Pursuing a Master's Degree

Pursuing a Master's Degree

"Several years ago it became very clear to us that master's education was moving very rapidly to become the entry degree in many professions," Debra W. Stewart, president of the Council of Graduate Schools, told the New York Times in 2011. Indeed, the number of master's degree holders has doubled since the 1980s, according to the U.S. Department of Education.

However, many students can feel burnt out after graduation, or are eager to enter the workforce and are not ready to enroll in graduate degree program. Additionally, the cost of a master's degree program may leave some students wondering if advanced degree is worth it.

As a result, a number of undergrads find themselves at a crossroads, unsure of whether or not they should enroll in a graduate degree program. In order to decide if you should pursue a master's degree, it is important to answer two very important questions: "Why do I want a master's degree?" and "What are the costs involved in completing a graduate degree?"

Why do I want a master's degree?

Some students pursue a master's degree because they believe they need a graduate degree to find a better paying position. For example, some graduates are forced to take lower paying jobs when entering the job market. William Klein, was unable to find a job following graduation and despite having a bachelor's degree, had to take a $7.25 per hour job he had in high school.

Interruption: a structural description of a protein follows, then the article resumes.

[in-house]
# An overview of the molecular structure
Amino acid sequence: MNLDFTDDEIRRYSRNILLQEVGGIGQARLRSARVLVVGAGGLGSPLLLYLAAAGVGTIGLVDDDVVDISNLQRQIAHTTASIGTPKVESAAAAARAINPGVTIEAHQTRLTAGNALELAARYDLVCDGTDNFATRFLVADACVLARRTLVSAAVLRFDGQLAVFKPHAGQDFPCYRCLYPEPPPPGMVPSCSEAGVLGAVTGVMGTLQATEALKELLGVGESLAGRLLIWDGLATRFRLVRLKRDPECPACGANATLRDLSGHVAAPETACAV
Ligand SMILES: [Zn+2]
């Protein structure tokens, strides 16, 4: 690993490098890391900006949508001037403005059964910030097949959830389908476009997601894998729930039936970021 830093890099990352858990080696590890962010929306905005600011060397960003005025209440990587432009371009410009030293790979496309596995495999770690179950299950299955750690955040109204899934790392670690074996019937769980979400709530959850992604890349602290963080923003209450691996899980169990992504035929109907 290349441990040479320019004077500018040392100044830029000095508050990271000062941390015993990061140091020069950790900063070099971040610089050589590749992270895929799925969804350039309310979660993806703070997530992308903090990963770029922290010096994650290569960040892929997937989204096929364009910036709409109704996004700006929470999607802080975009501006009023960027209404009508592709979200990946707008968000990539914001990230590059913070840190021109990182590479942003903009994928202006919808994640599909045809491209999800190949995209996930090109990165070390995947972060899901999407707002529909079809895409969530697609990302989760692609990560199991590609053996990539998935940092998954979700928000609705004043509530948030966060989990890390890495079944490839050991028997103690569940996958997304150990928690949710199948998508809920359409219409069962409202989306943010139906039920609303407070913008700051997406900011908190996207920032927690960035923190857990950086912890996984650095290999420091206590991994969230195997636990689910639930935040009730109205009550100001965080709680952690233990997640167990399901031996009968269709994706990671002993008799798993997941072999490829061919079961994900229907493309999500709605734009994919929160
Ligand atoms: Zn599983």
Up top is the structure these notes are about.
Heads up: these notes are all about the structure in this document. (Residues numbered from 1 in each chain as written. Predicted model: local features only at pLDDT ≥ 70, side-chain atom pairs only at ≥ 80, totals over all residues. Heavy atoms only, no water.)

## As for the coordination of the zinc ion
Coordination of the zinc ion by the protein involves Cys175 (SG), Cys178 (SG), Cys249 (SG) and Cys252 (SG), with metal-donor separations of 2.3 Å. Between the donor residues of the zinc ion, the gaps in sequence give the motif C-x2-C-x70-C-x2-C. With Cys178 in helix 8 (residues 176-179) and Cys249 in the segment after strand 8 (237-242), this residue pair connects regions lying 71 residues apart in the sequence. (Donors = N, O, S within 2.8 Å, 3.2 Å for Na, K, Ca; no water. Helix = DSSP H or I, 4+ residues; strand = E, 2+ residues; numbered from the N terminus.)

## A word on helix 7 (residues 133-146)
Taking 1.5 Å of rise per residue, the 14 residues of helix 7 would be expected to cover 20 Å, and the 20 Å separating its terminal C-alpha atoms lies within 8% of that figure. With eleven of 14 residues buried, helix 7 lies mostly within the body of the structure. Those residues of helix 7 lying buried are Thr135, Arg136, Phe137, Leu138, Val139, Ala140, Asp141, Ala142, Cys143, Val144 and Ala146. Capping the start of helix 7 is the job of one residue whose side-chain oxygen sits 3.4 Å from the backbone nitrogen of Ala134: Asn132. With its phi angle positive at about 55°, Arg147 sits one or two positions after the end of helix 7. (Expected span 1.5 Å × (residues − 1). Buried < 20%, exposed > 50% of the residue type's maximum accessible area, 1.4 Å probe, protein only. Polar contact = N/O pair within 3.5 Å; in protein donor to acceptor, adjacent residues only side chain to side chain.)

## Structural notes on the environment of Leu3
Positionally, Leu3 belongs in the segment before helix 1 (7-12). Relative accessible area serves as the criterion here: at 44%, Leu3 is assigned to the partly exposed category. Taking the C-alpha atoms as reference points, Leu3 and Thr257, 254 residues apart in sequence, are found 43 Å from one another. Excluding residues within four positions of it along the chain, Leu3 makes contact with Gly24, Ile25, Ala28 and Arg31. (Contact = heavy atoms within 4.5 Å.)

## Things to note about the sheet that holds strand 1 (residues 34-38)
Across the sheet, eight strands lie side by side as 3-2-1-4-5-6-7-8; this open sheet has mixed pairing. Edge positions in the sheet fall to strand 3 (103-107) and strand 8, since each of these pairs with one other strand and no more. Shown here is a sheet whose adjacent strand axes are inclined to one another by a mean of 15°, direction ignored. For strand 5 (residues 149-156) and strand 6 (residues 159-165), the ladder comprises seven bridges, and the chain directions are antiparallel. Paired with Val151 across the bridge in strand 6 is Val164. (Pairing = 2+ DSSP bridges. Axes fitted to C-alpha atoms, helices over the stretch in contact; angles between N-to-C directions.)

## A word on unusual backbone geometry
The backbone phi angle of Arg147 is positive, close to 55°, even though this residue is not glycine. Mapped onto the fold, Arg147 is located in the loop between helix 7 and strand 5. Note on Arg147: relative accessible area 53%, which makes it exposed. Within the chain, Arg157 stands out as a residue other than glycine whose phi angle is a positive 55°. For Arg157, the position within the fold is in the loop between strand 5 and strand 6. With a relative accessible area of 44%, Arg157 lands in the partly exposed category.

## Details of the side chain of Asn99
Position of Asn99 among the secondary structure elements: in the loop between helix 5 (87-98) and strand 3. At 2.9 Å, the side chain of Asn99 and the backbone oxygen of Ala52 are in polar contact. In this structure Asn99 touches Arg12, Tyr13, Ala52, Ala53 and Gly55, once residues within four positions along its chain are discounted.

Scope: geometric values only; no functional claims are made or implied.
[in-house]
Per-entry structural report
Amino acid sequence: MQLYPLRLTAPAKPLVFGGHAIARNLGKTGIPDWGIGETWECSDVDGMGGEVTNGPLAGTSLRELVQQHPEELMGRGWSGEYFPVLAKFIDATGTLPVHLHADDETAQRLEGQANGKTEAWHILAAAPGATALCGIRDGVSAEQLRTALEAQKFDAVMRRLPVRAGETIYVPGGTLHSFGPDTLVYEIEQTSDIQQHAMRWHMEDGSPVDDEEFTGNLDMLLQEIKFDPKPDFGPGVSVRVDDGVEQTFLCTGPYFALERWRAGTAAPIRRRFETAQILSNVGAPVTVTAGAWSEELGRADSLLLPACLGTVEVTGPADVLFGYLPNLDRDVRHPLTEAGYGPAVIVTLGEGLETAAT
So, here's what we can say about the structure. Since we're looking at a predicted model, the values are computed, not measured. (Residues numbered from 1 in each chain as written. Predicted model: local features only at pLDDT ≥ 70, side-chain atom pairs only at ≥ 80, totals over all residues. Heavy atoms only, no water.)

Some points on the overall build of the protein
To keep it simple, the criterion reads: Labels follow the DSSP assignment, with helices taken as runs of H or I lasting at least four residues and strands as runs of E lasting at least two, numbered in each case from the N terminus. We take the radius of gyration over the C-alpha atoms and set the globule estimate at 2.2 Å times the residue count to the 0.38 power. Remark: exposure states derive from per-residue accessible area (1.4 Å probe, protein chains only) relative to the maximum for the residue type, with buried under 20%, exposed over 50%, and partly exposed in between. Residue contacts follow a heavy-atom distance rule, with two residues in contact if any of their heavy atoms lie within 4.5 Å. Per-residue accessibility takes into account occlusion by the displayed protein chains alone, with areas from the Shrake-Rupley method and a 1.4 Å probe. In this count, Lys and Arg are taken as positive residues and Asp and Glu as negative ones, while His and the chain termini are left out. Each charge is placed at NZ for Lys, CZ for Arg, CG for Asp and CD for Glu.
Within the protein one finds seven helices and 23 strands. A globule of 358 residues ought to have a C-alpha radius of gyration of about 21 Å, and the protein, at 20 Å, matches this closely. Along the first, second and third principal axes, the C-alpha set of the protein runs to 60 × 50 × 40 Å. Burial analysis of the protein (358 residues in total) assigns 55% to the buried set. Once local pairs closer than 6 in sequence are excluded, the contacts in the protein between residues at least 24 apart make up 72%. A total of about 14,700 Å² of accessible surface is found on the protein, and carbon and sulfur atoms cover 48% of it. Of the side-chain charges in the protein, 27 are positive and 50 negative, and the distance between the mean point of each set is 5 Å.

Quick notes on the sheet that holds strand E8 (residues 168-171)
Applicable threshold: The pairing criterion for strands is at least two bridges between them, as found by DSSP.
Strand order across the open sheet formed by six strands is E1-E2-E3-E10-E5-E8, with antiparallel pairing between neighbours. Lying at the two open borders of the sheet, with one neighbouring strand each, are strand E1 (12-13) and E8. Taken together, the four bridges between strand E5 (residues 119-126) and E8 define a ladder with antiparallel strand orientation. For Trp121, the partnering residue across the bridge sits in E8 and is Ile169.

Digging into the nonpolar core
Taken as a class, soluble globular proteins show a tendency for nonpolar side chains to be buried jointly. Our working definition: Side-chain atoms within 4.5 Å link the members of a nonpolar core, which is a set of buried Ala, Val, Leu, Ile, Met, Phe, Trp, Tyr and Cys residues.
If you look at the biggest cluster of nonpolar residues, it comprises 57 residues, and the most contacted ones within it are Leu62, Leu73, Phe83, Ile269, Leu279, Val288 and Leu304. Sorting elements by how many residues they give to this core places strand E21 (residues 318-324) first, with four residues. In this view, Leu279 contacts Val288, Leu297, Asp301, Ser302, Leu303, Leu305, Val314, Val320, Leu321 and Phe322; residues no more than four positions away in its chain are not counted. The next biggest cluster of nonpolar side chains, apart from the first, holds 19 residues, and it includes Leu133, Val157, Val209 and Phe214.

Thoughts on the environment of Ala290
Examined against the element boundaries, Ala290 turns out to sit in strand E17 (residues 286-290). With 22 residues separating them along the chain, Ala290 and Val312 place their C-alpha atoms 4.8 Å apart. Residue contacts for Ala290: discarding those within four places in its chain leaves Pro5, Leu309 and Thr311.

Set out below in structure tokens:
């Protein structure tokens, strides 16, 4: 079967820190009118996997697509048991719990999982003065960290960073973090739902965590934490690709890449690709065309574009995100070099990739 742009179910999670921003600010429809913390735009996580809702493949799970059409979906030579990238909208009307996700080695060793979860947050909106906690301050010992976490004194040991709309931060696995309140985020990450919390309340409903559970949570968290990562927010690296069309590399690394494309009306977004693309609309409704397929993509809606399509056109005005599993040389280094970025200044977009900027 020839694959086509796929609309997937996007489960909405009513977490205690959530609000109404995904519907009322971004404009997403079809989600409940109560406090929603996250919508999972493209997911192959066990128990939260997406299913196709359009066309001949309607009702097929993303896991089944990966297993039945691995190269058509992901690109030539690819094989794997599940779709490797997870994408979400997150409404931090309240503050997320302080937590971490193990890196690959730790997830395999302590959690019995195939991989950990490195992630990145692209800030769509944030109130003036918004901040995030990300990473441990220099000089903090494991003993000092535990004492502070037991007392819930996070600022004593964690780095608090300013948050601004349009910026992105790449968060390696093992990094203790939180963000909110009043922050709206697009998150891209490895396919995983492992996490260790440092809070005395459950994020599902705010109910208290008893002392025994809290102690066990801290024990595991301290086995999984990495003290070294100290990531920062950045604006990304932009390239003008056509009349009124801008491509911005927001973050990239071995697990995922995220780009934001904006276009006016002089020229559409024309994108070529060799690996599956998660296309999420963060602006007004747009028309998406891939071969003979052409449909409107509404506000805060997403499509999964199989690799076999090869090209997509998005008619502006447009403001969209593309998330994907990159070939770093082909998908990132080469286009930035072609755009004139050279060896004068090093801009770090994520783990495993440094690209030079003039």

"It's pretty apparent that with the degree I have right now, there are not too many jobs I would want to commit to," Klein told the New York Times.

Yet, the potential for higher salaries exists. Research from Forbes reveals that some full-time graduates from top-ranked MBA schools earned starting salaries 50 percent higher than they earned before enrolling in business school.

"Some of the increased pay obviously is due to experience," AFT spokesman John See told the Wall Street Journal. "But much of it also comes from the advanced degree."

Others students may enter graduate programs because of the allure holding a higher degree or because they are simply not ready to enter the job market. Students who have specific career goals in mind, or who are aware of how they can use their master's degree to their benefit, may find the most value from this graduate program.

Despite the potential for both higher earnings and a competitive edge in the search for a job, some bachelor's degree holders are hesitant to pursue a master's degree due to the time commitment, challenging coursework and tuition costs.

What are the costs involved in pursuing a master's degree?

The cost and time involvement of a master's degree program should be carefully weighed against potential job benefits, such as salary increases or possible career advancement. Completing a graduate degree program can require two or more years of coursework, depending on class availability and whether you choose to attend school part- or full-time.

Choosing to get a master's degree can be a daunting step for many students. However, students should focus on the satisfaction that comes with completing a program, increasing their knowledge of their field and the possibility of new career opportunities open to them after graduating.

Stephen Karnik, Chief Administrative Officer for the BAHA'I International Community of the United Nations, said that his master's program had given him the skills and inspiration to achieve his goals.

"The MAS Program has given me so many tools and resources which I'm able to draw upon daily in my work," Karnik said. "But perhaps more importantly I am taking away a renewed enthusiasm about my goals and the new challenges ahead."

Nicholas Charles is a contributor to NursingClassesOnline.net, one of the web's leading information resources for nursing students and professionals alike.

 

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